Post by Isco Benny on Sun Feb 05, 2012 9:27 pm

blutgraetsche wrote:The problem of this board is that it has too many fucking moaners, especially when it comes to international football. Something like genuine excitement doesn't seem to exist anymore, one has to wonder why some actually still watch football matches. Europeanboard is the Statler and Waldorf of football forums.

Glenn's response below definitely explains why this jaded, unimpressed response to football is so prevalent on the internet, and less so in real life.

Christmas Glenn Hysn wrote:when you watch football live it's never quite exciting on television as it is inside the ground. So many awesome goals I've seen live don't measure up when you watch them again on tv. There's a whole generation of football fans now who don't go to watch live matches regularly, and so the internet culture is full of jaded keyboard warriors whose understanding of the game comes from tv, computer games and other jaded keyboard warriors.

The tv coverage of this tournament has been awful, particularly the commentators' relentless homoerotic and racist dictum.
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Re: African Cup of Nations

Post by Fey on Mon Feb 06, 2012 11:22 am

Fucking gutted Sad

We deserved to win it but Mali snatched a late draw and won on penalties Sad

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Re: African Cup of Nations

Post by Romford Pele on Mon Feb 06, 2012 1:43 pm

Ivory Coast and Ghana are definitely playing better than in previous competitions, hope they both make the final.

And Chinston, Walcott is the most likely to drop out.
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Re: African Cup of Nations

Post by EMP on Mon Feb 06, 2012 2:05 pm

Romford Pele wrote:Ivory Coast and Ghana are definitely playing better than in previous competitions, hope they both make the final.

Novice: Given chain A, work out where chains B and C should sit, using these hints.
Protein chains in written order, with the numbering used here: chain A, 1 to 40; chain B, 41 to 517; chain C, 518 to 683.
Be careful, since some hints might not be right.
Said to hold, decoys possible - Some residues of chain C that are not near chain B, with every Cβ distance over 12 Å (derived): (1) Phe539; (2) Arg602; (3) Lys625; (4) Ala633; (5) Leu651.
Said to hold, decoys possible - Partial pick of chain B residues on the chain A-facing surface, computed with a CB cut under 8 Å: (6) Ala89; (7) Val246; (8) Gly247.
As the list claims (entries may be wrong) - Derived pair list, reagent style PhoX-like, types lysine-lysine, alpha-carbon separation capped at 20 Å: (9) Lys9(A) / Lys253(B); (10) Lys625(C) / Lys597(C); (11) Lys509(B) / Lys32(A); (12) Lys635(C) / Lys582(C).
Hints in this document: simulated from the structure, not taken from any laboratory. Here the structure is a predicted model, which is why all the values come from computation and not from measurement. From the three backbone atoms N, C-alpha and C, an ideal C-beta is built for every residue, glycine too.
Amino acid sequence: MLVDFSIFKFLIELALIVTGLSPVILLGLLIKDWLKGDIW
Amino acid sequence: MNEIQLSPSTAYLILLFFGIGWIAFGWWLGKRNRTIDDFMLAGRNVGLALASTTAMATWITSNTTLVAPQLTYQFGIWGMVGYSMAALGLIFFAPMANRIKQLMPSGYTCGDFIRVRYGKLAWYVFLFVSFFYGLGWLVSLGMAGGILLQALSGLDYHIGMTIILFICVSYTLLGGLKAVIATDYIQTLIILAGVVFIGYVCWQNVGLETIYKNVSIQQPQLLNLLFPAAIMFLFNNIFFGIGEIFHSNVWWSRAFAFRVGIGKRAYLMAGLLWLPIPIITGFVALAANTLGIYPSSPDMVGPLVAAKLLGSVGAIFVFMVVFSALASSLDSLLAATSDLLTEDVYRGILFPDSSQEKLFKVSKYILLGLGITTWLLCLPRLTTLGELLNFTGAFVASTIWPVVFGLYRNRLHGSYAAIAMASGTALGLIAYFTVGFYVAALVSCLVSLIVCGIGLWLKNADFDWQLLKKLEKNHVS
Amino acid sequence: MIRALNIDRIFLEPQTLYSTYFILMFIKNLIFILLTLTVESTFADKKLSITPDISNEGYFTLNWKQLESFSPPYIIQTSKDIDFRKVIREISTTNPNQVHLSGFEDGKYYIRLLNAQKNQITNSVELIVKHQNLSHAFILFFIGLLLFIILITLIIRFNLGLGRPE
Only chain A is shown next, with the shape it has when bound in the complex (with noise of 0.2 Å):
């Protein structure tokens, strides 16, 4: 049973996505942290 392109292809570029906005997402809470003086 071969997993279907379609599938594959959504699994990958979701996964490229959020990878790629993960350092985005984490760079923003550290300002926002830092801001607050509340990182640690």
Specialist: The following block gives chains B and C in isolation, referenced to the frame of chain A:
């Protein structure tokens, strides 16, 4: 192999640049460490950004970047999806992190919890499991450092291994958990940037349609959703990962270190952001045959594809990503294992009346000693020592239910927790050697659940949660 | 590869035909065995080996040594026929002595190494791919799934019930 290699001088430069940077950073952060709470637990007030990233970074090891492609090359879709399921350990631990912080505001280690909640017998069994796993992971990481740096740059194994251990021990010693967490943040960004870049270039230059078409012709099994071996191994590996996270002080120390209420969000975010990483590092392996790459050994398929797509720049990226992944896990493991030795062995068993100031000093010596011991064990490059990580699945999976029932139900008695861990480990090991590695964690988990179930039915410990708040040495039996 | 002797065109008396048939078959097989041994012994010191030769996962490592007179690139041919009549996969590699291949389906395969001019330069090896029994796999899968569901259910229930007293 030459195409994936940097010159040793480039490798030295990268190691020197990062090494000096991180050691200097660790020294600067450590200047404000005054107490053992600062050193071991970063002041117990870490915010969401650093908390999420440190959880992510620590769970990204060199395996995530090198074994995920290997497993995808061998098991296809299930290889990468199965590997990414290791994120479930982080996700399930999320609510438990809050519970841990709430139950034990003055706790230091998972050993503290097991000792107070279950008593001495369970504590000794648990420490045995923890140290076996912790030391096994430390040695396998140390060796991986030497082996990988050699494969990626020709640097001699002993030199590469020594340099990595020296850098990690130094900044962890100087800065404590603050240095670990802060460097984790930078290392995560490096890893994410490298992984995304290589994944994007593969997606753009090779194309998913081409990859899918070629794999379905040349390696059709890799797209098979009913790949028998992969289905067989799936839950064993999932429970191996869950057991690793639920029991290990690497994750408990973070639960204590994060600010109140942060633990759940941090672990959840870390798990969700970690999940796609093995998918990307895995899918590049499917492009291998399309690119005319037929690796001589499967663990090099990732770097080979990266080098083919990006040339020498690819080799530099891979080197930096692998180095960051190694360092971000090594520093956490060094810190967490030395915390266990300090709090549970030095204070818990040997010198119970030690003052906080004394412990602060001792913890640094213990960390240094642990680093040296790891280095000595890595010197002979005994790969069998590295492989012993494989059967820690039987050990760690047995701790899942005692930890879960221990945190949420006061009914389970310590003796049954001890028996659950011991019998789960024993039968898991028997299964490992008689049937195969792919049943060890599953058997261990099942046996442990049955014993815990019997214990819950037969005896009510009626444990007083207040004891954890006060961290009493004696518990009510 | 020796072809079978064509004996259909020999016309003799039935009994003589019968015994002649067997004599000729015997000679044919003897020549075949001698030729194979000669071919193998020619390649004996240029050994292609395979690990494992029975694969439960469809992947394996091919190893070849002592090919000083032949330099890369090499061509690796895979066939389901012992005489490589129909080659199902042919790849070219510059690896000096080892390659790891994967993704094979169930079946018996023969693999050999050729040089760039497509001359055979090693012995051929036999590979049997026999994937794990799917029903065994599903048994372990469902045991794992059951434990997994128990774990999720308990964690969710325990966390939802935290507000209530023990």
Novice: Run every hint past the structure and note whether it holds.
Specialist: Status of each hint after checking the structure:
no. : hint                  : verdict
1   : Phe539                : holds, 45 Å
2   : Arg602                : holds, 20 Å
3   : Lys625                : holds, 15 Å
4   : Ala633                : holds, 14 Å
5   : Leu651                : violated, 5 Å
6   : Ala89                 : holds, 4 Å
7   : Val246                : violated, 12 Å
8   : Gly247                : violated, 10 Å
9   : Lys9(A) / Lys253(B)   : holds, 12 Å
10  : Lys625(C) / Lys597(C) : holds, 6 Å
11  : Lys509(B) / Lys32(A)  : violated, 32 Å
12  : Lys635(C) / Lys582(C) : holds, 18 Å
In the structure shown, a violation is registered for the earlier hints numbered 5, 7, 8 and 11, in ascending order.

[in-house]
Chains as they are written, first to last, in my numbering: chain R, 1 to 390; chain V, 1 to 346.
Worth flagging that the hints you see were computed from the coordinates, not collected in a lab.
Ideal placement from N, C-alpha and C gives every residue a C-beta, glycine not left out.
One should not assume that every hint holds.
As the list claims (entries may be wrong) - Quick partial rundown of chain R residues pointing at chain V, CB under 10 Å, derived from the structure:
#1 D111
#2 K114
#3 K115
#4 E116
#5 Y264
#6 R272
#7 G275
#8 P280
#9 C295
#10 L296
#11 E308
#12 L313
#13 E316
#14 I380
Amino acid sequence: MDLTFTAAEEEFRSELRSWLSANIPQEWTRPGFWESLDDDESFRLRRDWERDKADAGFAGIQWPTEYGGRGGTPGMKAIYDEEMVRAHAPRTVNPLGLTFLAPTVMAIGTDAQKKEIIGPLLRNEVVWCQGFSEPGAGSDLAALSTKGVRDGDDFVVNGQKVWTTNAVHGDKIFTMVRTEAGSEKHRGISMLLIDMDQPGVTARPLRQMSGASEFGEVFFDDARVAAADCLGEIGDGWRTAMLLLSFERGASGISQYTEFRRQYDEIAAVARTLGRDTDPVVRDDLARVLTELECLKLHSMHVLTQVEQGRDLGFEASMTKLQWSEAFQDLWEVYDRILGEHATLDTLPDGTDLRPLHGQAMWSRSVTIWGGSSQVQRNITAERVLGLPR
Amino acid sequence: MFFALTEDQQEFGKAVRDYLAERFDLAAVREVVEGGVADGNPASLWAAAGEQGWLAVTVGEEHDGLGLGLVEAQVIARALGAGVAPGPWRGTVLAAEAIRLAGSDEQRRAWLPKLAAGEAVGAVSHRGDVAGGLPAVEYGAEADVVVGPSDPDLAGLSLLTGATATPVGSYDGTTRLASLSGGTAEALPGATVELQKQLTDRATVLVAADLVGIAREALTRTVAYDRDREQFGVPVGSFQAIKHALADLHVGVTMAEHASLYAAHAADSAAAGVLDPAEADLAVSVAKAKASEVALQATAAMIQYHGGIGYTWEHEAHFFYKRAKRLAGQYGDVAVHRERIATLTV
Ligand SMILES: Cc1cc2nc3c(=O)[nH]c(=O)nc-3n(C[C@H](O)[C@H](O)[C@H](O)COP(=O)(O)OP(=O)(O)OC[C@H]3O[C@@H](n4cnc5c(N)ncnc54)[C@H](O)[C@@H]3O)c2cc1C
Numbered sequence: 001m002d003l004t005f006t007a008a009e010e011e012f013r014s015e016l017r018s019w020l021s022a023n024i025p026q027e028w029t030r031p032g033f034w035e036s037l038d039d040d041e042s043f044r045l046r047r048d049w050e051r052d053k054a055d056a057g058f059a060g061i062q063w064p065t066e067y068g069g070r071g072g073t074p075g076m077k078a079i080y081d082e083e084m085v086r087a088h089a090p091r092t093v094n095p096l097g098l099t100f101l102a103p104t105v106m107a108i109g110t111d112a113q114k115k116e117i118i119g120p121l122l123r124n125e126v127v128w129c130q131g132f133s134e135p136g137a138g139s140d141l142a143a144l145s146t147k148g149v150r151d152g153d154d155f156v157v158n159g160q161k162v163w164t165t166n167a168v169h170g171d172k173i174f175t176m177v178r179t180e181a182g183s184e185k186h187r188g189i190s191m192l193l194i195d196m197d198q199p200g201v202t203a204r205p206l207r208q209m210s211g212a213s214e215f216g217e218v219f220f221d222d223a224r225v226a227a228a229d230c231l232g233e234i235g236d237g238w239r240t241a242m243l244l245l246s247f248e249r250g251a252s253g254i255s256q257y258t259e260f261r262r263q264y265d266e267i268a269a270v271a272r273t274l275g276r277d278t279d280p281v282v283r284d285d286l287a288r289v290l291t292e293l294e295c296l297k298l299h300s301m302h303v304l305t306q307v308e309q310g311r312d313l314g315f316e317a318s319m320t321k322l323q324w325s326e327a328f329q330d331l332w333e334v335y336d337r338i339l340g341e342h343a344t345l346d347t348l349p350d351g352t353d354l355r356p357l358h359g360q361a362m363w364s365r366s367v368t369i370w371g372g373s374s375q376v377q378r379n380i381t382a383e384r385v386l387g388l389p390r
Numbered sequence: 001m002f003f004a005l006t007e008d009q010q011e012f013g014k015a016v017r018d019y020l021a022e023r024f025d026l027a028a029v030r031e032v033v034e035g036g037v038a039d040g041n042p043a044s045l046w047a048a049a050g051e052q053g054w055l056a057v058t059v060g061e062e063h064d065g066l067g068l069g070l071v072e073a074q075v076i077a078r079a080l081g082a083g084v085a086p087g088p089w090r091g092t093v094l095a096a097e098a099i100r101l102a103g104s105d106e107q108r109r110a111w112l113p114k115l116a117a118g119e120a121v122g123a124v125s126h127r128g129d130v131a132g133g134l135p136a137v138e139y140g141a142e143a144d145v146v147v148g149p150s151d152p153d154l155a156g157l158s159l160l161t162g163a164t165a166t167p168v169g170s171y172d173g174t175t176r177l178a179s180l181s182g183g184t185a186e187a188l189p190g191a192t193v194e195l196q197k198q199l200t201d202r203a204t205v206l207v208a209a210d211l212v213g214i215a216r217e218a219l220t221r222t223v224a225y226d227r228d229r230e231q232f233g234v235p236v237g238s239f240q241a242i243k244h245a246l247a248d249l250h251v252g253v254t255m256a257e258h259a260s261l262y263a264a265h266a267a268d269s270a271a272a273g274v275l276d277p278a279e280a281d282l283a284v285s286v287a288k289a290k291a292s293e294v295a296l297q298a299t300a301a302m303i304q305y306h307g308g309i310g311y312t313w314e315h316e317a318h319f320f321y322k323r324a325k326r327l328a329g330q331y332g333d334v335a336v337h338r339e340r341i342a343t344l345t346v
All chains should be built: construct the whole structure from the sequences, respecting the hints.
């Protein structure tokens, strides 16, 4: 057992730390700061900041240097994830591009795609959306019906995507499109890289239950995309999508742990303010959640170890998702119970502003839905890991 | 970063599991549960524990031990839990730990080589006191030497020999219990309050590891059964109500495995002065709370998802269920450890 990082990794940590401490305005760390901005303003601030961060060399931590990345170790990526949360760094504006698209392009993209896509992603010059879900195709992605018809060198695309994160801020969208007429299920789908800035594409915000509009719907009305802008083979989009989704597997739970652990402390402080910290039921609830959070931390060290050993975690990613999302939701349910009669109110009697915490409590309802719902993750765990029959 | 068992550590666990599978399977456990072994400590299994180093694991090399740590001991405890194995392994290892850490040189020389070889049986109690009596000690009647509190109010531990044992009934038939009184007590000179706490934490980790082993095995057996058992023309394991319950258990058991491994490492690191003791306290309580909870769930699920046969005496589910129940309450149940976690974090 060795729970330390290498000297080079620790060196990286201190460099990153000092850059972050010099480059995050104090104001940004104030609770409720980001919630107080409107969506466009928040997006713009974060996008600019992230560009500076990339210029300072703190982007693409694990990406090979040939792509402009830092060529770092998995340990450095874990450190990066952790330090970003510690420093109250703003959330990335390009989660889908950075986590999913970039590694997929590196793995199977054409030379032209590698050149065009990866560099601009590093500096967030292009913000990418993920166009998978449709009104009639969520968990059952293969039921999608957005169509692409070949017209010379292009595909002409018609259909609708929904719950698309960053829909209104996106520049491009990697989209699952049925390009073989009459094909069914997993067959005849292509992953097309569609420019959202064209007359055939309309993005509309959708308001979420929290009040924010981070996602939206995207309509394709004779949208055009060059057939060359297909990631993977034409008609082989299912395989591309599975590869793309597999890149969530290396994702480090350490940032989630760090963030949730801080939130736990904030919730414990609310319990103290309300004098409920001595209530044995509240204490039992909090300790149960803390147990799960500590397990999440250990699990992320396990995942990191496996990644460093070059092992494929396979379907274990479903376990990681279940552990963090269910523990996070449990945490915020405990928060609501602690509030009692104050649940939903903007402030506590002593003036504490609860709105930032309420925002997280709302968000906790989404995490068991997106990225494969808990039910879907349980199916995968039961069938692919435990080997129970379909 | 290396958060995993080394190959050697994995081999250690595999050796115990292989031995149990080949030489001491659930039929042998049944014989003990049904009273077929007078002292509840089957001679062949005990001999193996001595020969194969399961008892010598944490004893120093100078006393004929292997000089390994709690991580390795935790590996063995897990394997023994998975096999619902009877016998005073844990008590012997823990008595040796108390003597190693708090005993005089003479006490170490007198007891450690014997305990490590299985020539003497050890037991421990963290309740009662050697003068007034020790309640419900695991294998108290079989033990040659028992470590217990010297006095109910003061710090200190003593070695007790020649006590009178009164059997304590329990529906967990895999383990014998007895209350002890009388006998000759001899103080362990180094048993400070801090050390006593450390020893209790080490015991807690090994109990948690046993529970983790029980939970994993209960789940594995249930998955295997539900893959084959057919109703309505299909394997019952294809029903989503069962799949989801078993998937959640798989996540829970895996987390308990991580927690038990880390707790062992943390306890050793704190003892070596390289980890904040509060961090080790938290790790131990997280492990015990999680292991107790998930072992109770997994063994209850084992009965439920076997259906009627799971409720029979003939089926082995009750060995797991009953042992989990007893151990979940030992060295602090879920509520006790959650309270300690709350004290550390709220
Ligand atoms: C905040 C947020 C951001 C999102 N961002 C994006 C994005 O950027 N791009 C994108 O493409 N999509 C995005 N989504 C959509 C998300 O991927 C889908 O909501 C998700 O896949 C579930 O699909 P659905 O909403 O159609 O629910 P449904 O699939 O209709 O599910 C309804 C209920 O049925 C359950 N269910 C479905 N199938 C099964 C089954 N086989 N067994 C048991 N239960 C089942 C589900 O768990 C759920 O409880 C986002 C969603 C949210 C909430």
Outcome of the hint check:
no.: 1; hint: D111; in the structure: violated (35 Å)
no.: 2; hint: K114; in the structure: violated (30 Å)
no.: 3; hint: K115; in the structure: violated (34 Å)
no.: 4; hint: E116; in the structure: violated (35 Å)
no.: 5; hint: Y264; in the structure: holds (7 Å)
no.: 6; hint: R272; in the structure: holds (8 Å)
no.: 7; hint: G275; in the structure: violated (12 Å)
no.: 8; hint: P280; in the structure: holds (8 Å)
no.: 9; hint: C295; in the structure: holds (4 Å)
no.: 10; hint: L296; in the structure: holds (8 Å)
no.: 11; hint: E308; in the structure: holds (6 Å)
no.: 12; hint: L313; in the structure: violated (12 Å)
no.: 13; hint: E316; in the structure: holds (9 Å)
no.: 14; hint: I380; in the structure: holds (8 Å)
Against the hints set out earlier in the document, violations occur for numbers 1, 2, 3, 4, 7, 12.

And Chinston, Walcott is the most likely to drop out.

Ominously, people here are saying that Ghana has not clicked into gear yet, but they do seem to have sorted out their goal-scoring problem. Previously they were dependent on Asamoah Gyan - won't be surprised it he becomes Ghana's record scorer before long. They have spread the goals out more with Andre Ayew really looking an indispensible cog in their team now.

Tunisia put up a good fight and it will be an interesting match against Zambia, who have been under-estimated, partly because not been tested fully yet. Mali will be no pushovers either. Tnat said, this should be best chance for ghana or Ivory Coast to win it. Ivory Coast have only wone once in 1992 on penalties, beating Ghana and Ghana's last win was ten years earlier in Libya under the great Charles Gyamfi. Both can claim to be overdue.

Would still like to see Zambia do it though.
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Re: African Cup of Nations

Post by EMP on Mon Feb 06, 2012 4:55 pm

Has this been reported in Europe?

Seydou Keita made a tearful appeal for peace in his country. Recently more than 20 Tuaregs who want an independent in the north of Mali were killed during fighting near Timbuktu. Keita used the platform of The African Cup of Nations to call for peace in a gesture reminiscent of that of Didier Drogba and his Ivorian team-mates during the Civil war in his country.
I'm appealing to the people to stop, Keita told a press conference. It's not normal, we don't do that. We need peace, we are all Malians. The president of the republic needs to do the most he can to stop it. We are celebrating our win but at the same time we feel very sad. There is a sadness among the players,
Keita then broke down in tears.
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EMP

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Re: African Cup of Nations

Post by EMP on Mon Feb 06, 2012 4:56 pm

Did you find Ghana v Tunisia an awful match Rosicky?
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Re: African Cup of Nations

Post by Rosicky on Mon Feb 06, 2012 7:07 pm

EMP wrote:Did you find Ghana v Tunisia an awful match Rosicky?

Didnt watch it.
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Re: African Cup of Nations

Post by EMP on Tue Feb 07, 2012 12:19 pm

Rosicky wrote:
EMP wrote:Did you find Ghana v Tunisia an awful match Rosicky?

Didnt watch it.

What a surprise? I'm sure others can let you know that it like the other ones that don't suit your CANphobic agenda was a good match with plenty of passion, etc. It went to extra time with Ghana winning 2-1. The semi-finals are tomorrow. Ghana play Zambia and Mali play Ivory Coast. I'll be at the latter.

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Re: African Cup of Nations

Post by 110% on Tue Feb 07, 2012 12:22 pm

EMP wrote:
Rosicky wrote:
EMP wrote:Did you find Ghana v Tunisia an awful match Rosicky?

Didnt watch it.